— Zachary Franklin

Tags: ············

8 Comments so far ↓

  • John

    You say Huang is the wrong person we should be focusing on, should Hung be the one we focus on, wasn’t he part of a group of Chinese investors who made a enquiry into buying Manchester United a while back ?


    Zach Reply:

    John, you are right, a group of Chinese investors did an inquiry into possibly purchasing Manchester United, which was obviously turned down. CIC has deeper pockets, and as a major investment group they are looking more toward long-term investments. A sports team is a long-term investment. But by opening that door, what does Liverpool have to offer Chinese investors? How about the UK?


    John Reply:

    So in your opinion you think CIC are still involved in this bid, if that’s so why have both Huang and CIC denied it ? My head is spinning with all this.


    Zach Reply:

    It’s all gone “topsy turvy” since it was originally reported. There are reports that both sides are denying a bid. There are reports that both side have submitted a proposal, but not a formal bid. There are other reports that say the deal is still on.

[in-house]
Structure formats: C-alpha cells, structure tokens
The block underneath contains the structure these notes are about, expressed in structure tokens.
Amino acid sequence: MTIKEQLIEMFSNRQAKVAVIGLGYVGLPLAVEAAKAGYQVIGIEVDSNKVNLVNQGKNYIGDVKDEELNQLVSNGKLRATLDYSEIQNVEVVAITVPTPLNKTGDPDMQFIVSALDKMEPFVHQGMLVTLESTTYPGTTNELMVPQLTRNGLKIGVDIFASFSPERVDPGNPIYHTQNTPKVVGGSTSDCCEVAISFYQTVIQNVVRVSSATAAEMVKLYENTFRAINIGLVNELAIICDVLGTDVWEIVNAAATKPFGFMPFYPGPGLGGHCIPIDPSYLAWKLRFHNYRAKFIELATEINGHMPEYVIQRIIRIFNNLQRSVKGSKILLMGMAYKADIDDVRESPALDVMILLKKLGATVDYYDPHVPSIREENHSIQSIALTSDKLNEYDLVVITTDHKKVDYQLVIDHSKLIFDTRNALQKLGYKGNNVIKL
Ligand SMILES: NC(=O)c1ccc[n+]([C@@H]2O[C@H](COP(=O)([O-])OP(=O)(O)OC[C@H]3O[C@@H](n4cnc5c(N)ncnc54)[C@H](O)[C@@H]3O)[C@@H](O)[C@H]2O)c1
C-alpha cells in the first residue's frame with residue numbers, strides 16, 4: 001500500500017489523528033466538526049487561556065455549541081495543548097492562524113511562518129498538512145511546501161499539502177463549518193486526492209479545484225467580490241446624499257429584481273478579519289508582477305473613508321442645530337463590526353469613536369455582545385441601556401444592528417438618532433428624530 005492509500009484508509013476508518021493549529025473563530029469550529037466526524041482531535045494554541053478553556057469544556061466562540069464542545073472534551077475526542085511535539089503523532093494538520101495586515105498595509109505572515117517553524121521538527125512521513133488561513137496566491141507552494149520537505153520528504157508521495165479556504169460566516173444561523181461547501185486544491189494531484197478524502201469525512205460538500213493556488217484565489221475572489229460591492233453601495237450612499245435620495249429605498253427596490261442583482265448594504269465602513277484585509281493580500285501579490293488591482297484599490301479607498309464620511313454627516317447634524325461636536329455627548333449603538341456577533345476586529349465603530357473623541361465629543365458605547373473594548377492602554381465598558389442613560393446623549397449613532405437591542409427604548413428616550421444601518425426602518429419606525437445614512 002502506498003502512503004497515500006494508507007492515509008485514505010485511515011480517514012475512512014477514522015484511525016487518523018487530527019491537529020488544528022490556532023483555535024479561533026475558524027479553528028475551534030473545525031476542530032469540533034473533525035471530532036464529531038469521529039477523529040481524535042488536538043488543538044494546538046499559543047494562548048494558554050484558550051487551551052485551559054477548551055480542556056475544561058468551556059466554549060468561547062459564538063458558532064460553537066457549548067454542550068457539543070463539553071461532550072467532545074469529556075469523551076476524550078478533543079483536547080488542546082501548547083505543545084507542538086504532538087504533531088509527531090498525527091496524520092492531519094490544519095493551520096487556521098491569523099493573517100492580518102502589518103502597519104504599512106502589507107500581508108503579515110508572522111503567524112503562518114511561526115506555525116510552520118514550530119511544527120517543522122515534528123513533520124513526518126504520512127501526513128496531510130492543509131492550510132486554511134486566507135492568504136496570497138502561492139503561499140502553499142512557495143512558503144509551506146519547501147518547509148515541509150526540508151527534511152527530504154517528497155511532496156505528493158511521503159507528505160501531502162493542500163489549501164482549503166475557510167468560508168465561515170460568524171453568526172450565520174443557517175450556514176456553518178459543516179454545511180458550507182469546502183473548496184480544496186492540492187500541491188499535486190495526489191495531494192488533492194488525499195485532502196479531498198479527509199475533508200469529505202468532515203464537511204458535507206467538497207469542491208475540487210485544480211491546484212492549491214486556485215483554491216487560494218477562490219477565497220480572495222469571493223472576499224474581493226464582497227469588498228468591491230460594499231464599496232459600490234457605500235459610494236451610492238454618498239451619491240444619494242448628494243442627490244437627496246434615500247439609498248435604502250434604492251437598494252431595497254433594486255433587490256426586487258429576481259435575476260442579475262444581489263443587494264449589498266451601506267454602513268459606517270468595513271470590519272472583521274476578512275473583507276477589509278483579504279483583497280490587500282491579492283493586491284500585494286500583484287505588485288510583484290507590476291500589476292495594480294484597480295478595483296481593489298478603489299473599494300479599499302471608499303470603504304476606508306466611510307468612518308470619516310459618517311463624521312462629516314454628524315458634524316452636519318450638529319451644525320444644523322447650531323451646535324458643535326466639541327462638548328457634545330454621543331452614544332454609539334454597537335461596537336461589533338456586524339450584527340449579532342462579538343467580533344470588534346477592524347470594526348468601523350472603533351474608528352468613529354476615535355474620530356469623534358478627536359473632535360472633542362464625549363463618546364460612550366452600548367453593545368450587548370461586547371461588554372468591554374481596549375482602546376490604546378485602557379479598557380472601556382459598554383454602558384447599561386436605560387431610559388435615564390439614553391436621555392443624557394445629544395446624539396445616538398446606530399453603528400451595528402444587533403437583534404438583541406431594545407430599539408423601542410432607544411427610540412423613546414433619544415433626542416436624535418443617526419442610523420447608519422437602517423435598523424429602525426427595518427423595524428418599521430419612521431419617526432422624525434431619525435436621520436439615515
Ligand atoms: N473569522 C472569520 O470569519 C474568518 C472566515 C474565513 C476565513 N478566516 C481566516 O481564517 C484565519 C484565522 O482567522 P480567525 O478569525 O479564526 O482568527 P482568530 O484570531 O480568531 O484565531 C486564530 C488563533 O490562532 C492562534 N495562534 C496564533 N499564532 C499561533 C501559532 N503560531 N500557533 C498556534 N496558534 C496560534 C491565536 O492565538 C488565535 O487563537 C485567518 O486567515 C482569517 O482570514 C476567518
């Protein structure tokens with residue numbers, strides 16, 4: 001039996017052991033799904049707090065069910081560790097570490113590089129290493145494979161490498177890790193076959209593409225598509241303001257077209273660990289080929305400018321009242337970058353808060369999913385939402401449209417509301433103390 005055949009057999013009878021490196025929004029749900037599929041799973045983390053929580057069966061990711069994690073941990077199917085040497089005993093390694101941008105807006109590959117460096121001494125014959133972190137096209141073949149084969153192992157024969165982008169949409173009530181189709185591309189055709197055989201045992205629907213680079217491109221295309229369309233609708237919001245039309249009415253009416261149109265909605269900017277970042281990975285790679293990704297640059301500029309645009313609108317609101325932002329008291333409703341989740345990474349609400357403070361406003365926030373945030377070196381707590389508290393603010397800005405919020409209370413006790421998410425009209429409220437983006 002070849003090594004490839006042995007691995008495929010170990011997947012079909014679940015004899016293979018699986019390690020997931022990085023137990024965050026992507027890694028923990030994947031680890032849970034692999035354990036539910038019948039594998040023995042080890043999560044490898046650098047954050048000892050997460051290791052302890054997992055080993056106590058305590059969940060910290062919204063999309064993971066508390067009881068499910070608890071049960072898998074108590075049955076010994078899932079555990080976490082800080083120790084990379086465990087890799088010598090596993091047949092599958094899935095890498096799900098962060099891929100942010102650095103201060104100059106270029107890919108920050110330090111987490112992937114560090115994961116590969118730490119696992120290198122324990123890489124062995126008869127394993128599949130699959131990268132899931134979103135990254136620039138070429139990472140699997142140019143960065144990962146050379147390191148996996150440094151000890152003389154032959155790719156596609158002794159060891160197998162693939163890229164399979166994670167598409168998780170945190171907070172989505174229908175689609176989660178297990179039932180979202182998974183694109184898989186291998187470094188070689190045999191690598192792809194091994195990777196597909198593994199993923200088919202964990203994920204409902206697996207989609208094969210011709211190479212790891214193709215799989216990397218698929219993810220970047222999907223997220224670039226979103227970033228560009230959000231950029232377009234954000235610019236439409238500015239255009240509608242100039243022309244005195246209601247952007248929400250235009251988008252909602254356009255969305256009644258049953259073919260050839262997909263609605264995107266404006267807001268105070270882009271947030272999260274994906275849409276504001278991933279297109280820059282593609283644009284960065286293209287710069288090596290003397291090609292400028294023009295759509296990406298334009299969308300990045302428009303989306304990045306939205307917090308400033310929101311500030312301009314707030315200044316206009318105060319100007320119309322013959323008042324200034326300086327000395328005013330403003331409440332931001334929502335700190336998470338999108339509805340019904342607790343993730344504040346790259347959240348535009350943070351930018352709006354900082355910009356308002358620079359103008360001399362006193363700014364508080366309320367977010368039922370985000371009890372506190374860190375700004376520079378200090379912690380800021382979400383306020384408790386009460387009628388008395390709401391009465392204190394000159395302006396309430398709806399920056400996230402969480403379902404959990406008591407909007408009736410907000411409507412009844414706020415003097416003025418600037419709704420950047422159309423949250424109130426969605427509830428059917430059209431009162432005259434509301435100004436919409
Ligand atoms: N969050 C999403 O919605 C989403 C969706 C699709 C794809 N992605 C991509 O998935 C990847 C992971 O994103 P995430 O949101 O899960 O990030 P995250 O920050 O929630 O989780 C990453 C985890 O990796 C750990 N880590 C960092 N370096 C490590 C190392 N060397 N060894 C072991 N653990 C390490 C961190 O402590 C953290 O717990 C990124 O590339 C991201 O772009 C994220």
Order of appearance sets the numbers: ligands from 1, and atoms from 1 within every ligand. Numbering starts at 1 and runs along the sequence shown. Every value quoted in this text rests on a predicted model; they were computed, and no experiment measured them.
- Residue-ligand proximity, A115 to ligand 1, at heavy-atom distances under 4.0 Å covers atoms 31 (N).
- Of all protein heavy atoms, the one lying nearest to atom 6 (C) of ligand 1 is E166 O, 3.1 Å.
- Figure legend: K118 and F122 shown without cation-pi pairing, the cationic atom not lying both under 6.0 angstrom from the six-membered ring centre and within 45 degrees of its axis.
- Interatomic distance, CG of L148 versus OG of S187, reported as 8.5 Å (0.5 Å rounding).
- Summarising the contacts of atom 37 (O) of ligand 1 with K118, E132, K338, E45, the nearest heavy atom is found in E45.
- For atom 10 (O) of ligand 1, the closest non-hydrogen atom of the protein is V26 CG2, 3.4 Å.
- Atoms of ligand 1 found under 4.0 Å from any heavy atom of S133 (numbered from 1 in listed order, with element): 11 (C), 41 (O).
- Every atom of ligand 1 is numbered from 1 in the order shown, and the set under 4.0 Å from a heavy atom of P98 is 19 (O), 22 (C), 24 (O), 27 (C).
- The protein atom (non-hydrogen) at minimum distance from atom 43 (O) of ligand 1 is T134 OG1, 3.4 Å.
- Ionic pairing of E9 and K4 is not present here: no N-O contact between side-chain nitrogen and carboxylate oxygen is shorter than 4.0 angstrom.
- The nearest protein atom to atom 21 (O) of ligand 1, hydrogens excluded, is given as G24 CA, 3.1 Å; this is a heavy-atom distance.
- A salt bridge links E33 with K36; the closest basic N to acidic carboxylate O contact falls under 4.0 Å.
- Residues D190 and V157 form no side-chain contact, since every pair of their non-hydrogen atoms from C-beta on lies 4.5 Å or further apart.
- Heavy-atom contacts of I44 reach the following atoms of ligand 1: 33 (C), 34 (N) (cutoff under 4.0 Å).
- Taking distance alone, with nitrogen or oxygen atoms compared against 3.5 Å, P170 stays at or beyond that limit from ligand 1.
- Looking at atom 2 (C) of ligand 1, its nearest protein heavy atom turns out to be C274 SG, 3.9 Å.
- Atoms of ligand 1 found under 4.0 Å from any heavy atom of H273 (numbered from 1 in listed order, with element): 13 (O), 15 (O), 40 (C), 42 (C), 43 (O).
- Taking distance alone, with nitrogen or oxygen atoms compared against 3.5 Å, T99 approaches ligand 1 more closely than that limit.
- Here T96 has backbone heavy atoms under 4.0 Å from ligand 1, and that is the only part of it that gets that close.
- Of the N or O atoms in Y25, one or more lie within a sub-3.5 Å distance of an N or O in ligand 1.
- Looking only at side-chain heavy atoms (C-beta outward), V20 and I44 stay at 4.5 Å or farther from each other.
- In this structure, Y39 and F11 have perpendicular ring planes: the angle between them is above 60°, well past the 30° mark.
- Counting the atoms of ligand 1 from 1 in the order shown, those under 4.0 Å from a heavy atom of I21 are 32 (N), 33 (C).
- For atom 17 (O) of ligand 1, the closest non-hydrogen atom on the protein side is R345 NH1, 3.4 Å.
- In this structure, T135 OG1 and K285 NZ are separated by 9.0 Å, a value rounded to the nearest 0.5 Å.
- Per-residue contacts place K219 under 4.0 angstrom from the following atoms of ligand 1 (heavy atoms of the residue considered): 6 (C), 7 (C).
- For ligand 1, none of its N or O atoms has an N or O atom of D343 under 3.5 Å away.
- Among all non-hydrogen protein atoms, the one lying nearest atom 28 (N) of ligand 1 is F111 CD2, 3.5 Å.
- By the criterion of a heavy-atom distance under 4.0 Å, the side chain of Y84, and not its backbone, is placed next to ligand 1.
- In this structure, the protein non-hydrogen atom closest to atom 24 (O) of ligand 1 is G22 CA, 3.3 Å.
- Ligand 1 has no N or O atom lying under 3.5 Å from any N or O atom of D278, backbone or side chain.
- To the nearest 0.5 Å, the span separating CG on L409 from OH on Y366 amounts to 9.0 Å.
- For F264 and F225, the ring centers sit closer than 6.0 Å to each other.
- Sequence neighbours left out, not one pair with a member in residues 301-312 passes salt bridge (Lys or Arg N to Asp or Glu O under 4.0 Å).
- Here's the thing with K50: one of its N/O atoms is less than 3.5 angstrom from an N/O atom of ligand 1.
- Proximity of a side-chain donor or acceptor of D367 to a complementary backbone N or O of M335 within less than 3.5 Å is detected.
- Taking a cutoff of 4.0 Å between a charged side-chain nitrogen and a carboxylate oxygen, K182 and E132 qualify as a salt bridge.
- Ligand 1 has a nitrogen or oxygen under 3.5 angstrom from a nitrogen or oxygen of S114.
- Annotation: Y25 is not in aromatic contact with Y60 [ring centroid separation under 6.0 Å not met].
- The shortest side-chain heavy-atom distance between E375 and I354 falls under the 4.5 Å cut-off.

We’ll just have to see what happens now.

  • b. che

    I love your blog and this was a topic I almost blogged about as well, but there is too much bs about the deal. I don’t believe for a second the CIC has any kind of significant role in Huang’s bid, it doesn’t fit into their portfolio or strategy. I’m guessing this is yet another publicity stunt on Huang’s part.


    John Reply:

    Well it wouldn’t be a very good one if he fails to buy Liverpool and if CIC aren’t involved people around the world will know who he is and know he is a con man, not to sure he would play it like that.


    b. cheng Reply:

    But people actually believe he owns a part of the Cavs still, even after he himself has released a press statement (granted nearly a year later) that he doesn’t. Kirdi is as big a joke as Huang, maybe more so, the British media hasn’t really checked into either of them and once the team is bought (most likely by neither of them) their names will disappear only to return the next time a story like this pops up as the guy who “almost” bought Liverpool.


    Zach Reply:

    That’s a good point. If Huang “almost buys Liverpool,” does he loose all credibility in the western sports world going forward? And if that’s the case, doesn’t it seem like he’d be hurting China’s chances of expanding any sort of sporting business outside of the People’s Republic?


Leave a Comment